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Functional plasticity of autonomic pelvic ganglia in rat models of overactive bladder

Other Titles
 과민성방광 쥐 모델에서 자율골반신경절의 기능적 가소성 
Issue Date
Dept. of Medicine/박사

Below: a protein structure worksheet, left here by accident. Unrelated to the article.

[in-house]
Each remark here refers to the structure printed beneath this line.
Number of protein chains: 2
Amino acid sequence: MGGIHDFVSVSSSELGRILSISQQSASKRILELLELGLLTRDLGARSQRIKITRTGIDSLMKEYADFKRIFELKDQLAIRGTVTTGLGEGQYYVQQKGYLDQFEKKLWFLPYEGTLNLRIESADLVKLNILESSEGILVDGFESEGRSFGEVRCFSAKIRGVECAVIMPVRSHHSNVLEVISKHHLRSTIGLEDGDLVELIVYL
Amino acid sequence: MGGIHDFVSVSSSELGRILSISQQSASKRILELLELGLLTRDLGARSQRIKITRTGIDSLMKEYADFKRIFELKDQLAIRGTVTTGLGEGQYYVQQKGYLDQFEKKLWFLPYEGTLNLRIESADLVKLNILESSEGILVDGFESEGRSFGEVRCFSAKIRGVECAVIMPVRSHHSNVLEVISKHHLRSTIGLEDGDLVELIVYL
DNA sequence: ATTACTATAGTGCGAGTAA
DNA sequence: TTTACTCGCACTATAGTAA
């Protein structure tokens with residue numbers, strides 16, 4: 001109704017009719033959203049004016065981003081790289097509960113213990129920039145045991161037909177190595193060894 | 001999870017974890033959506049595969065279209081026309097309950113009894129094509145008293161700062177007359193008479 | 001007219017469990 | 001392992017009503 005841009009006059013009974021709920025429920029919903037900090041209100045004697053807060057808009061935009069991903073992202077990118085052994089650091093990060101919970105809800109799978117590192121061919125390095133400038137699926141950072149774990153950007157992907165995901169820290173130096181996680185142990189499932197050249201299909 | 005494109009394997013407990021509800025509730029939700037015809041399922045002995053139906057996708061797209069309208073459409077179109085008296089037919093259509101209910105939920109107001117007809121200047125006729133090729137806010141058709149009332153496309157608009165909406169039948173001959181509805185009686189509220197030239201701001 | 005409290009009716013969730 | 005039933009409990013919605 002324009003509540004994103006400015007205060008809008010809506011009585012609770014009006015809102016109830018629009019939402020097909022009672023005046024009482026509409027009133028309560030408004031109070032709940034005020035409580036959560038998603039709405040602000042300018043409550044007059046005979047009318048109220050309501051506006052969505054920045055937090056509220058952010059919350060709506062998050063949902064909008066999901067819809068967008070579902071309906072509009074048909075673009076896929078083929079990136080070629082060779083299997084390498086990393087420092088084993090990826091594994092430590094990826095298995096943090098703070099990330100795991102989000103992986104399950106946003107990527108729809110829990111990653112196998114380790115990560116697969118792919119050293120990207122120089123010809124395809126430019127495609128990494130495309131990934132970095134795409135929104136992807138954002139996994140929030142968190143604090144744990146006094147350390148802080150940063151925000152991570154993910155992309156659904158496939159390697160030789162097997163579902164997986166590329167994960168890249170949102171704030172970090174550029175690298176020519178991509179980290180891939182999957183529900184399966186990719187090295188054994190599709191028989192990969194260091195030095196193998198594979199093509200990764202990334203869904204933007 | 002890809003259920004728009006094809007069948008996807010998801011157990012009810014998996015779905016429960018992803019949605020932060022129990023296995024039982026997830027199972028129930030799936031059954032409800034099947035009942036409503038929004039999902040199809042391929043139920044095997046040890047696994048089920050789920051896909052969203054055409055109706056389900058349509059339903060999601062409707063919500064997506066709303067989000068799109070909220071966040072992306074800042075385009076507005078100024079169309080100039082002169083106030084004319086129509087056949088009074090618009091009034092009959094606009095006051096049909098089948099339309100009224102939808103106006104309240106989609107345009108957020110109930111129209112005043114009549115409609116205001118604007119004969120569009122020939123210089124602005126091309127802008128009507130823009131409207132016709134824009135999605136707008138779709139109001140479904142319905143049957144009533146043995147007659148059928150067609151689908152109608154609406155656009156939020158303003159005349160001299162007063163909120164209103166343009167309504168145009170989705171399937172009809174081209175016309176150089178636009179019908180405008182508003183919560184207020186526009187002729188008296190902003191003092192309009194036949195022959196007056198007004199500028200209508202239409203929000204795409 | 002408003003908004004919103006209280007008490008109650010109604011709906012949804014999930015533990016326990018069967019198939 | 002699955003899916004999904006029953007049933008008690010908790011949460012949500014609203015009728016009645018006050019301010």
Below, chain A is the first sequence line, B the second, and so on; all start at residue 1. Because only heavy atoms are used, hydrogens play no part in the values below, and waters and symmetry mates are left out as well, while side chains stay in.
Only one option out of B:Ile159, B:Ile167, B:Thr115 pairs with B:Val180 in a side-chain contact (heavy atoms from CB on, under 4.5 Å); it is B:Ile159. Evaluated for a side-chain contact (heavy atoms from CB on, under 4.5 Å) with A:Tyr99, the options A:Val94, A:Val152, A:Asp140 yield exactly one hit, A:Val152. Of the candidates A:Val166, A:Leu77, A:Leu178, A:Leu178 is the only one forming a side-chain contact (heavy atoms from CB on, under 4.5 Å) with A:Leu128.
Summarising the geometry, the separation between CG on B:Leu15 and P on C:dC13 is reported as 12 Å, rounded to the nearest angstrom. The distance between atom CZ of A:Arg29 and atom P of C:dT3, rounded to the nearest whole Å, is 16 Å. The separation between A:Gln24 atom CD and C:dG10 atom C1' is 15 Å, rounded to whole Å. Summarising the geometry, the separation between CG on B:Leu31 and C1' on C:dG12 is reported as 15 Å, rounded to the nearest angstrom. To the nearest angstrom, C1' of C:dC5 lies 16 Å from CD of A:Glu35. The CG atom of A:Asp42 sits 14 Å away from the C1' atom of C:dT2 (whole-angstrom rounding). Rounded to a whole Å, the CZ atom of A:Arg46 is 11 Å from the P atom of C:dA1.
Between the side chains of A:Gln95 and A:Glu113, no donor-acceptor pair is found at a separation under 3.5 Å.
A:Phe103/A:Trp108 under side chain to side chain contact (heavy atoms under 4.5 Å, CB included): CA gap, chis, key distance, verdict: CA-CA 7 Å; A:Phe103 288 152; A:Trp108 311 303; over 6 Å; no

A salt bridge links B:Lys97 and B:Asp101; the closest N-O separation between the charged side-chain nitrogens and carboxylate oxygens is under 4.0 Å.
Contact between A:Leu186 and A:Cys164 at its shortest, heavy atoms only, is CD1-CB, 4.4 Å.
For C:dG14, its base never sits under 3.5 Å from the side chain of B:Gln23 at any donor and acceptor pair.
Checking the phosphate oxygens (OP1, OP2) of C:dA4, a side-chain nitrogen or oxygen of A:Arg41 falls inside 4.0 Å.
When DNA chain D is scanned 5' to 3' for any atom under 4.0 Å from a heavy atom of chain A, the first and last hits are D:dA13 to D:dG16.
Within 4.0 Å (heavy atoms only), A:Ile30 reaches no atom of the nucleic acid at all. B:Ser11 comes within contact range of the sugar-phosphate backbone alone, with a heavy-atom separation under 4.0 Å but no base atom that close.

Peripheral autonomic major pelvic ganglion (MPG) neurons are essential for the generation of storage and voiding reflexes. Under certain pathophysiological conditions such as spinal cord injury and chronic cystitis, plastic alterations in MPG neurons may cause abnormal functions of the bladder. Benign prostatic hyperplasia (BPH), a common problem affecting middle-aged and elderly men, is characterized by the overgrowth of prostatic tissue surrounding the urethra which causes lower urinary tract symptoms (LUTS) such as urgency, frequency, nocturia, incomplete bladder emptying, and weak urine flow. Overactive bladder (OAB) is a syndrome characterized by urinary urgency with frequency and nocturia. To date, neurogenic mechanisms underlying OAB remain poorly understood. The hypothesis of the present study is that OAB is associated with changes in functions of MPG and dorsal roots ganglion (DRG) neurons in bladder outlet obstruction (BOO) rat models. To prove the hypothesis it was examined whether partial BOO alters expression and activity of nicotinic acetylcholine receptors (nAChRs) involved in synaptic transmission within MPG, and excitability of MPG and DRG neurons innervating the urinary bladder. Toward this end, rat models of partial urethral obstruction (PUO) and BPH were produced by partial urethra ligation and sc injection of testosterone/17--estradiol, respectively. The bladder muscles were hypertrophied in PUO and BPH rats. Cystometry revealed that PUO and BPH increased bladder capacity, threshold pressure for voiding, micturition volume, residual volume after voiding, and intermicturition oscillatory frequency, indicating development of OAB. Real-time PCR analysis showed that the nAChRs 3 and β4 subunits were up-regulated in MPG neurons of BOO rats. Then, nAChR currents were measured in DiI-labeled sympathetic and parasympathetic MPG neurons innervating the bladder detrusor muscles. As results, nAChR current densities were significantly increased in parasympathetic MPG neurons, but not in sympathetic PG neurons. Taken together, these data suggest that BOO-induced OAB is associated with phenotype-specific up-regulation of nAchRs in the MPG neurons innervating the bladder. Under the current-clamp mode of the patch-clamp technique, action potentials were recorded in DRG and MPG neurons of control and BOO rats. BOO produced hyperexcitability of the bladder DRG and MPG neurons via reducing rheobase and AHP duration. One of the ionic mechanisms underlying the hyperexcitability is up-regulation of T-type Ca2+ channels expressed in DRG and sympathetic MPG neurons. The decreased AHP duration also suggest that expression of Ca2+-activated Cl- and/or K+ (i.e., SK channels) might be altered in the bladder DRG and MPG neurons of BOO rats. In conclusion, BOO-induced OAB might be associated with enhanced ganglionic transmission and/or hyperexcitability of peripheral autonomic motor and sensory neurons innervating the bladder. Clinically, use of T-type Ca2+ channel blockers might be a potential option of pharmacologic management of OAB
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